“While politicians belonging to all the parties vociferously argue that the executive presidency should either be retained or abolished, they appear to have overlooked the fact that the executive presidency established by the 1978 Constitution no longer exists. The 19th Amendment has effectively abolished it… The Presidency has been stripped of all these fundamental executive powers. In respect of all these matters, he is essentially a constitutional Head of State. Therefore, the question arises whether an expensive, divisive, nation-wide election is required to elect the next President, merely because he still possesses a few, relatively unimportant powers in respect of provincial administration and the appointment of President’s Counsel.”
What makes this hilarious is that the election of a strong leader as President, supported by a parliamentary majority for the party he belongs to, would show us all whether or not the executive presidency has been “effectively abolished” and is therefore “illusory”. In fact I volunteer to quote this paragraph a few months after Gotabaya Rajapaksa, Chamal Rajapaksa or Dinesh Gunawardena is elected president, backed by Mahinda Rajapaksa who will go on to be elected PM, with the 19th amendment in place.
The illusion of the “illusory” character of the executive Presidency is due much more to the exceptional, and exceptionally vulnerable, political situation of the present President than to any decisive Constitutional decapitation or castration. The crucial factor involved is the political balance of forces.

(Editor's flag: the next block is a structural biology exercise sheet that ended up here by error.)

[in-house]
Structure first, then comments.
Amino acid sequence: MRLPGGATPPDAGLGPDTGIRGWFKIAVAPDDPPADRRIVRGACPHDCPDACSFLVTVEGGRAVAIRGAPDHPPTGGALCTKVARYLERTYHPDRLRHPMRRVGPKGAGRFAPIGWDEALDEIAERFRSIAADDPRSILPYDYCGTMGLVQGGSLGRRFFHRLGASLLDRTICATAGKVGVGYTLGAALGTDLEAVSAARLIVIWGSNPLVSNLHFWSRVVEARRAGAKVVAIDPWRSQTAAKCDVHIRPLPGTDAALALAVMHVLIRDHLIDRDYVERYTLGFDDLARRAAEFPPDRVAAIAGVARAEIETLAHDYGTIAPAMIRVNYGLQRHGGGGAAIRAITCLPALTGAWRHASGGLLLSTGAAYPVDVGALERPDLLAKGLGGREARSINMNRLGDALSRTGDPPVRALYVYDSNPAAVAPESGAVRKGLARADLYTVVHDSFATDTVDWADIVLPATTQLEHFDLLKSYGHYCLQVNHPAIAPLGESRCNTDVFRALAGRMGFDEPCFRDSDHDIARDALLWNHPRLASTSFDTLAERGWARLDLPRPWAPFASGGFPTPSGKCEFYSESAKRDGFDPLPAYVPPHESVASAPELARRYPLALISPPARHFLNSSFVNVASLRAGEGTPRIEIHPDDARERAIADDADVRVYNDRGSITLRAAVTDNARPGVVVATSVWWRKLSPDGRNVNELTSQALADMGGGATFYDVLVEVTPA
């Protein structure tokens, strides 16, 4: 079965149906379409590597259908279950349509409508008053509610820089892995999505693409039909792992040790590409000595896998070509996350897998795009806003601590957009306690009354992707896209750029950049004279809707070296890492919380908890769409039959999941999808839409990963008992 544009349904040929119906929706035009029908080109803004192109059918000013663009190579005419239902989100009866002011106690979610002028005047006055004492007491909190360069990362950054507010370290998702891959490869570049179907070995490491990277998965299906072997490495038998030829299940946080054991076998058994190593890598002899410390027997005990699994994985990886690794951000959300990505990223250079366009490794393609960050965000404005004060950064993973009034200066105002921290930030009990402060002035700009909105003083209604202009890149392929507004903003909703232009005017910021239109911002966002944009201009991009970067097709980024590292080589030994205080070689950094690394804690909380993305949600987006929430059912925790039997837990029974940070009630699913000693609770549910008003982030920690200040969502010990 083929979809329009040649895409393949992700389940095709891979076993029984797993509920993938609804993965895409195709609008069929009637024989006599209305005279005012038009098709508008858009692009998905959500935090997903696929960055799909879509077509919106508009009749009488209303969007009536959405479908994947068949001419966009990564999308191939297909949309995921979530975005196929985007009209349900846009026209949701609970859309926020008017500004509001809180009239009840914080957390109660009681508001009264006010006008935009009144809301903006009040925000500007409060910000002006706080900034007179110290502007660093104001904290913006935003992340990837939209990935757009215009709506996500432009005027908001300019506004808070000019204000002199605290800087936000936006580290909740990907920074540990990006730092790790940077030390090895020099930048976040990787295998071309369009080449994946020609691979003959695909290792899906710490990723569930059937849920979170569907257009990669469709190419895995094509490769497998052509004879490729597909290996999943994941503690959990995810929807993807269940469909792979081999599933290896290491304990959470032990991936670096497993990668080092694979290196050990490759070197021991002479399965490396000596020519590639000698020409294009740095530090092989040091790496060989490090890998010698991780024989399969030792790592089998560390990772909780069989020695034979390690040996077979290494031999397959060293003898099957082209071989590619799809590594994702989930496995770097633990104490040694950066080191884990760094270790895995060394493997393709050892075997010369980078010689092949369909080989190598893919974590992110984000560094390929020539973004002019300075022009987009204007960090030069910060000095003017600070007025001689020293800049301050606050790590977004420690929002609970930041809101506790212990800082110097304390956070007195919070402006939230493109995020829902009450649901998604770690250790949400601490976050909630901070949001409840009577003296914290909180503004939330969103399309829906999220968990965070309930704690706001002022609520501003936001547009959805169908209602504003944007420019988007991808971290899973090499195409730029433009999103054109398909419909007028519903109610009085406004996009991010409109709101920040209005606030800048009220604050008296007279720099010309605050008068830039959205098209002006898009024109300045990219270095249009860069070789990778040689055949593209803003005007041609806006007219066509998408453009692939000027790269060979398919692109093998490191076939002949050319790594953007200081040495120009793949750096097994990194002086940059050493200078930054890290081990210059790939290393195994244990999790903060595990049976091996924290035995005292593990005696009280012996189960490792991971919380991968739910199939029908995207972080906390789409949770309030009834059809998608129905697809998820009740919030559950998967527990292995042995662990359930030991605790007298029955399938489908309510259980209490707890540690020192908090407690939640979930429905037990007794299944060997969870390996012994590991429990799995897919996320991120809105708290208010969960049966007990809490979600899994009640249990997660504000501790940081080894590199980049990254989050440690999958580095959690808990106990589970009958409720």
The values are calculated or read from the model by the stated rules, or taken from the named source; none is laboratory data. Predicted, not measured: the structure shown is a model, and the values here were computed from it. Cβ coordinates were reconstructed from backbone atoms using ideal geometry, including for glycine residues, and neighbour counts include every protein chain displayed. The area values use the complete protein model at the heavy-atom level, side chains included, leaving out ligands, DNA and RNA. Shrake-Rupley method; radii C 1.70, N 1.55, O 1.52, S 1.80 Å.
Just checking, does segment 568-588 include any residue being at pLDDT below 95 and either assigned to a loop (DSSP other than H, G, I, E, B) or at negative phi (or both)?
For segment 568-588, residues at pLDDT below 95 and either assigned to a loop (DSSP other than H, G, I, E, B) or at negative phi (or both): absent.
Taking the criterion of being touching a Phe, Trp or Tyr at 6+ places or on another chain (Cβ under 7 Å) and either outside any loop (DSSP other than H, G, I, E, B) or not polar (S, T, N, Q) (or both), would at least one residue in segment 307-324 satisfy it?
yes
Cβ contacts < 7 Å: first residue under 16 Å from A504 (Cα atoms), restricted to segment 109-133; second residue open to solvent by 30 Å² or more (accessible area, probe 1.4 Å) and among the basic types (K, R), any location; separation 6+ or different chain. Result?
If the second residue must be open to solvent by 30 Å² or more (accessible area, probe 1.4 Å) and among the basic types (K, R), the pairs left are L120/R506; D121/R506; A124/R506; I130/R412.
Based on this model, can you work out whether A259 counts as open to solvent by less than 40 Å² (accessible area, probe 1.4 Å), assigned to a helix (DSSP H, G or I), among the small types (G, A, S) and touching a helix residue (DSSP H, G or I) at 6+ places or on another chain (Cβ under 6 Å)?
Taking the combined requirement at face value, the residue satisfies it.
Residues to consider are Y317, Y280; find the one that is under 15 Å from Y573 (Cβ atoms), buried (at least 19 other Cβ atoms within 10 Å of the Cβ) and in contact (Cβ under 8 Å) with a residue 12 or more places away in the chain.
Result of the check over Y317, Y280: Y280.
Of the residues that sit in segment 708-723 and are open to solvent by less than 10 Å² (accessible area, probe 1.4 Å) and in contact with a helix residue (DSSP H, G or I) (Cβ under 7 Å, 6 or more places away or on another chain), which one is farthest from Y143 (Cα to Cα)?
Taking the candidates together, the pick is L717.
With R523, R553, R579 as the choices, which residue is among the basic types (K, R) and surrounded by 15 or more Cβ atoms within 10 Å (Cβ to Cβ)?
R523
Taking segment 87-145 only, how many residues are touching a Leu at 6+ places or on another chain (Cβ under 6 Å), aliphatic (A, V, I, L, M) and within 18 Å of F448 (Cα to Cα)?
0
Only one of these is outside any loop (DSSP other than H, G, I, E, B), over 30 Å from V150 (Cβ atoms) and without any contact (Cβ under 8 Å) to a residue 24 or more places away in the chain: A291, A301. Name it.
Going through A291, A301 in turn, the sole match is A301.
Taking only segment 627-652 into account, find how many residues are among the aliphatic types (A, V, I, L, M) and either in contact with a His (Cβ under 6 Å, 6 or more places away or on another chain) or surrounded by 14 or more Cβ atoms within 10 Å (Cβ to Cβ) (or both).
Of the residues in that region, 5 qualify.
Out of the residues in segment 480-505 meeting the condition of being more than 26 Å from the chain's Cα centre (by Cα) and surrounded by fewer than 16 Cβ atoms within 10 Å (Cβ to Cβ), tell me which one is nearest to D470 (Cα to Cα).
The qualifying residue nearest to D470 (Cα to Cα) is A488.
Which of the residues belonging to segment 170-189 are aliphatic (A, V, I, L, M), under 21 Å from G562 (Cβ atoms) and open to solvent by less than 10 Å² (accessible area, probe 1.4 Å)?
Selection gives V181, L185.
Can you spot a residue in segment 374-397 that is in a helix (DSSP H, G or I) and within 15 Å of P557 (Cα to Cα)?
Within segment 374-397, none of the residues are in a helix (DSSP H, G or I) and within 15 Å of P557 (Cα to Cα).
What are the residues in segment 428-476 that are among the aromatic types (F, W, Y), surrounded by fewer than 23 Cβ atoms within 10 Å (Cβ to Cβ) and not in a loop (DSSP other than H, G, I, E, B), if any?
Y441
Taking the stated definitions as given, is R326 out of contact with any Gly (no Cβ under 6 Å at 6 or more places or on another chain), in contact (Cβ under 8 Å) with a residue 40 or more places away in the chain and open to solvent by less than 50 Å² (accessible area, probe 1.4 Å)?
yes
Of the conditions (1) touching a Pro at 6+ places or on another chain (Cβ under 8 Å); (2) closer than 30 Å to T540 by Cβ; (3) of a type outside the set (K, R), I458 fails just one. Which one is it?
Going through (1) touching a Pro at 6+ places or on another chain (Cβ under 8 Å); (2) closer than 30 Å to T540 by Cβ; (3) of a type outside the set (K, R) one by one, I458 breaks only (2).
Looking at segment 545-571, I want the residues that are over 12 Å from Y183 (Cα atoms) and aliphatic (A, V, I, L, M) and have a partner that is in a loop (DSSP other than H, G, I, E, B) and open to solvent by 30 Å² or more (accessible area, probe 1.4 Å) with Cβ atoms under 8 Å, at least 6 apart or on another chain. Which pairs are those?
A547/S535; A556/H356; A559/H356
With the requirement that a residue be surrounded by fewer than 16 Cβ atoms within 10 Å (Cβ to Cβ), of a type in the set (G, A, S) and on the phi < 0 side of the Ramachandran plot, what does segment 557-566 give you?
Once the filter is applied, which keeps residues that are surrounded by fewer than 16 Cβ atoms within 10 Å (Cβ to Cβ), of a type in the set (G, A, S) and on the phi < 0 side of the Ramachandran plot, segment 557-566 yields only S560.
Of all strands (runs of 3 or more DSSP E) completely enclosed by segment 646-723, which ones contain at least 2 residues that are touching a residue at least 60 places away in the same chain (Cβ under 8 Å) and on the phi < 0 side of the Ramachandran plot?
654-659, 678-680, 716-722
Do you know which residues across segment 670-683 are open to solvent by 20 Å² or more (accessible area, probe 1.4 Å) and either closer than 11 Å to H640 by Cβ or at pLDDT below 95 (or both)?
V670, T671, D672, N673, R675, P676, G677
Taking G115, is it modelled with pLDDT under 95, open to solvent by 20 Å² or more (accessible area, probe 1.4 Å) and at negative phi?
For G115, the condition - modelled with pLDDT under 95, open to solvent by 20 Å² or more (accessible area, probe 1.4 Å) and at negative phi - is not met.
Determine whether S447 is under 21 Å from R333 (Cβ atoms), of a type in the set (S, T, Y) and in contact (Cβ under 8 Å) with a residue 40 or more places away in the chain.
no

I am fairly certain that the same scholars who argue that the executive Presidency has been abolished will shriek about the tyrannical executive presidency when (not if) a personality from the Joint Opposition is elected to that post.
Contrary to a Yahapalana ideologue and senior social science academic, the failure of reform which he defines as the 2015 Geneva ‘accountability’ Resolution and the New Constitution project, is not because the Sinhalese are irreversibly wedded to an immobile “ethnocratic” state, but because the Yahapalana reform agenda just like that of its precursor, the Chandrika/Ranil project of 2001-2005, was not a Realist one. The only successful reform agenda possible in Sri Lanka and most places, certainly in Eurasia, is a Realist one (Deng Xiaoping was a great Realist reformer as were Lee Kuan Yew and Mahathir Mohamed). That means recognizing three realities:
1. The results of the Thirty Years war cannot be overturned, dismantled or diminished. The South won. The North cannot win by diplomacy or constitutional reform what it lost on the battlefield.